MONTREAL – The case of a former airport customs officer who was convicted Wednesday of accepting bribes from a drug-smuggling ring is an isolated one, says a Canada Border Services Agency spokesman.
Nancy Cedeno was found guilty by a judge of accepting cash in exchange for stamped customs forms as well as confidential codes used by agents at Pierre Elliott Trudeau International Airport to determine whose bags were checked.
But Quebec court Judge Claude Millette acquitted Cedeno of seven more serious charges, including conspiracy to import drugs, racketeering and gangsterism.
Millette said the Crown did not prove Cedeno knew she was working for the Mob when she helped the drug smugglers.
Cedeno, 34, was arrested as part of Operation Colisee in 2006, a four-year police investigation aimed at cracking down on the Montreal Mafia.
A relieved Cedeno smiled as she left Montreal courthouse.
She returns to court for sentencing arguments next Feb. 5.
The governmental agency entrusted with border security said smuggling incidents discovered during the Operation Colisee investigation as well as other cases have prompted stricter rules.
“We still treat these incidents as isolated cases and in our opinion it doesn’t put any doubt on the integrity and professionalism of our officers,” said Dominique McNeely, a CBSA spokesman.
“There are 7,200 border services officers who serve the Canadian public with the highest standards.”
Police tracked bribes received by Cedeno through wiretaps and discovered she handed mules pre-stamped customs forms.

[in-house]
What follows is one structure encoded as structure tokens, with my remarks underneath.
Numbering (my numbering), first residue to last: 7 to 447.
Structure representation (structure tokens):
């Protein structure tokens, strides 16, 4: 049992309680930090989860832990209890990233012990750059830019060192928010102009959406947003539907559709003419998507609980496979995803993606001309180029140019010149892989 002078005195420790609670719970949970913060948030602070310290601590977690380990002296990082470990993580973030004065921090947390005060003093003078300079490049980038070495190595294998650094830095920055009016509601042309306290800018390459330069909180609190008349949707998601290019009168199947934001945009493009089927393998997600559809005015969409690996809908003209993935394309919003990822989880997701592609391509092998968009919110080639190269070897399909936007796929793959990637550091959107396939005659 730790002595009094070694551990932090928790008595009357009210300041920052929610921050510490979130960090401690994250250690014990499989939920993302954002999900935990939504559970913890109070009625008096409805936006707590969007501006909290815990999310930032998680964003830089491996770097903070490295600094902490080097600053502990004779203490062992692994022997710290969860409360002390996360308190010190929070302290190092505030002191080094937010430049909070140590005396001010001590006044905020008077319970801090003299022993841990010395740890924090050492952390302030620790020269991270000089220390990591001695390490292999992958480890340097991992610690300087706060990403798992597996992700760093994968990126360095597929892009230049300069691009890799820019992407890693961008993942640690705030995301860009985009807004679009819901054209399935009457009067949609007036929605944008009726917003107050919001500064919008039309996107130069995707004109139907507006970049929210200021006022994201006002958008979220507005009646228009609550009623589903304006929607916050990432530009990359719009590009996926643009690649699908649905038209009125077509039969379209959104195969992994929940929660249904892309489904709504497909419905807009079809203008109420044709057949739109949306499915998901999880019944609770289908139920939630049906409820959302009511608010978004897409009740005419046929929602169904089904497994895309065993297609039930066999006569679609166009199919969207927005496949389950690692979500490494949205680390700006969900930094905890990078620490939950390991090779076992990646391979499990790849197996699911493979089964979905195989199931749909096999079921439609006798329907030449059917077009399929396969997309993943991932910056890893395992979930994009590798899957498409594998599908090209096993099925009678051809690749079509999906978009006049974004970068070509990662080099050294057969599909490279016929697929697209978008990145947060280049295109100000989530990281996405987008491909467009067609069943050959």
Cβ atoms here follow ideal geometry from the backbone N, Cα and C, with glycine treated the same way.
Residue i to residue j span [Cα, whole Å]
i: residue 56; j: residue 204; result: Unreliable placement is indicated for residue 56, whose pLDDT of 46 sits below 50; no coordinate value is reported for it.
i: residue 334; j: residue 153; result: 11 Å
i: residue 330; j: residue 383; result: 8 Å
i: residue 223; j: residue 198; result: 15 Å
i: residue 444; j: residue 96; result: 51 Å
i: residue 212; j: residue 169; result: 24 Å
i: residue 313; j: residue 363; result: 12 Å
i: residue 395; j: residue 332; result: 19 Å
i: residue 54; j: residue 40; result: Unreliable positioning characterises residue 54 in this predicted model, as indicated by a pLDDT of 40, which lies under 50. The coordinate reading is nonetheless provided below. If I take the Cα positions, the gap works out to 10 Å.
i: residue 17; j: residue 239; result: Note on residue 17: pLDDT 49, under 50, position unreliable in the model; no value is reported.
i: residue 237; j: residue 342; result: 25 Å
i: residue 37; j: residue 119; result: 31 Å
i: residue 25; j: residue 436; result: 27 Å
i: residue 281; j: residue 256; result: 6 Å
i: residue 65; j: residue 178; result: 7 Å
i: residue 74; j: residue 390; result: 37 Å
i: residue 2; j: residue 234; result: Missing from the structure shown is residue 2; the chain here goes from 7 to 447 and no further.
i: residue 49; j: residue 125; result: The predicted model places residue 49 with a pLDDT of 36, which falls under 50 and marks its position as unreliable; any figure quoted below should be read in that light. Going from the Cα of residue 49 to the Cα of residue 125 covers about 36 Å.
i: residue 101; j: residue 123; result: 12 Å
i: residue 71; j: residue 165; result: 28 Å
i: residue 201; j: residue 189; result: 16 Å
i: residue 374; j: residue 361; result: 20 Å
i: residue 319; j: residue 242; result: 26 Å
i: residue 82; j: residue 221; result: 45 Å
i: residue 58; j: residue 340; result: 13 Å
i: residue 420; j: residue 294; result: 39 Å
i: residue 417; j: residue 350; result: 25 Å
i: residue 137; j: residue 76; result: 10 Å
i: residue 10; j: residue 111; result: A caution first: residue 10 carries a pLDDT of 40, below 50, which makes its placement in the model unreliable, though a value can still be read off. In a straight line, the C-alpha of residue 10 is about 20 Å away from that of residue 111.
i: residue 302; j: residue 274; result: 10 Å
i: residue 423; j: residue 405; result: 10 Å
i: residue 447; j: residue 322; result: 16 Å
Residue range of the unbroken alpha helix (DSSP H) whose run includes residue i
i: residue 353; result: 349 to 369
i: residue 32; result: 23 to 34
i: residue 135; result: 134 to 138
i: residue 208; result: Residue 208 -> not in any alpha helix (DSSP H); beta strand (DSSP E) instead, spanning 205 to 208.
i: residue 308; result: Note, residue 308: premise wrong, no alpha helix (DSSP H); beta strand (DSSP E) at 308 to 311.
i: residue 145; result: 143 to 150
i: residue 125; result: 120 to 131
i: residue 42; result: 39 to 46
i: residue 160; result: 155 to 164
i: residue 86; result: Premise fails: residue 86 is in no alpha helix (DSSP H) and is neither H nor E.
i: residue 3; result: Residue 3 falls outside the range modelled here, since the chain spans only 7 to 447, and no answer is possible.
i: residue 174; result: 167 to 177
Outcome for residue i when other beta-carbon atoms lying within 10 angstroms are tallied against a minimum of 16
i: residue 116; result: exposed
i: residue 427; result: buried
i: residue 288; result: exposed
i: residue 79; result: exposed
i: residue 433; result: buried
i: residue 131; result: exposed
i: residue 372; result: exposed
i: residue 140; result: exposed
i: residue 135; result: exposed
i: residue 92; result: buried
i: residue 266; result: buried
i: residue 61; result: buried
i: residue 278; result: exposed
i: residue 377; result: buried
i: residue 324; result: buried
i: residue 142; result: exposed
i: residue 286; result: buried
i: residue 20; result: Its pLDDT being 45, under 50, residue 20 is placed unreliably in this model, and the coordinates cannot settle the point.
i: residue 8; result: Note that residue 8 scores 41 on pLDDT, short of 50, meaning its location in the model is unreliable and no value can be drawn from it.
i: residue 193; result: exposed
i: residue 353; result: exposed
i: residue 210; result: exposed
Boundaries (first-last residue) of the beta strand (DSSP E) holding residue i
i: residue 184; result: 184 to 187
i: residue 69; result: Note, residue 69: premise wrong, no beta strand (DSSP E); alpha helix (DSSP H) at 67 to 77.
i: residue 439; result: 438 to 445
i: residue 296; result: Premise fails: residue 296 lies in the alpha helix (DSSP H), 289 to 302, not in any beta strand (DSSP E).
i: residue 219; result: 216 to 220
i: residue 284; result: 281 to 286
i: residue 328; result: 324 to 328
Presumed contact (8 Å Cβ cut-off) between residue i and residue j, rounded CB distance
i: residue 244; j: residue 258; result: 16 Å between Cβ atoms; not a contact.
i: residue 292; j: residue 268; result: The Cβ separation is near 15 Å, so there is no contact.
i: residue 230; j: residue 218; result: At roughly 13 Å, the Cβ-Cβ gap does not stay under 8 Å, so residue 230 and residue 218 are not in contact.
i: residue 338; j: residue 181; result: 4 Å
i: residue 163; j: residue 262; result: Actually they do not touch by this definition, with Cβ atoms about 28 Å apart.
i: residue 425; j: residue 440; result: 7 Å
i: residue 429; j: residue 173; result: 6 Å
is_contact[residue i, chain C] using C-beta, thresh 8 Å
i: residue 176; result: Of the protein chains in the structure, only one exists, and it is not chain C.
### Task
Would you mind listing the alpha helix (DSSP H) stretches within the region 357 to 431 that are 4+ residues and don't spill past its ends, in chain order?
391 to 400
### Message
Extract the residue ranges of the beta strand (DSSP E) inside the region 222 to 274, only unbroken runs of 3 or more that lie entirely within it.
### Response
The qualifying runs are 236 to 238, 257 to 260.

She also gave them a daily security code used by customs officials at the airport to decide which bags would be searched at the security gates.
The documents and numbers were given to her friend Omar Riahi, 33, a former fellow CBSA agent who in turn gave the codes to dealers.
By buying the codes from Cedeno, dealers were able to smuggle cocaine into Canada free of intense scrutiny.
Cedeno was on trial along with two other people alleged to have acted as couriers for the organization.
During her trial, Cedeno denied any knowledge of drug importation and testified she thought stolen goods were being brought into the country. But she didn’t think Riahi, married with a child, would be involved in drug transactions.
The judge agreed.
“Nothing in the testimony, in the wiretap conversations or in the documentation produced formally shows that Ms. Cedeno knew the objective of the conspiracy – to import cocaine,” Millette wrote.
Earlier this year, Riahi pleaded guilty to four charges: conspiracy, corruption and two counts of committing a crime for the profit of a criminal organization.
Riahi is due in court at the end of October for a sentencing hearing.
Cedeno was hired at the airport in 2003 and was recruited in 2005 by the ring.
The border services agency’s new rules, implemented over the past few years, include more extensive background checks, routine verifications and new clearance procedures that require a periodic renewal.
“Our employees are already subject to a strict code of ethics and behaviour and any breach of the code is treated in accordance with the public service disciplinary rules,” McNeely said.
Crown prosecutor Alexandre Dalmau says he is in favour of a prison term but he did not indicate what length. Cedeno’s lawyer, Robert Bellefeuille, says he’ll recommend a suspended sentence.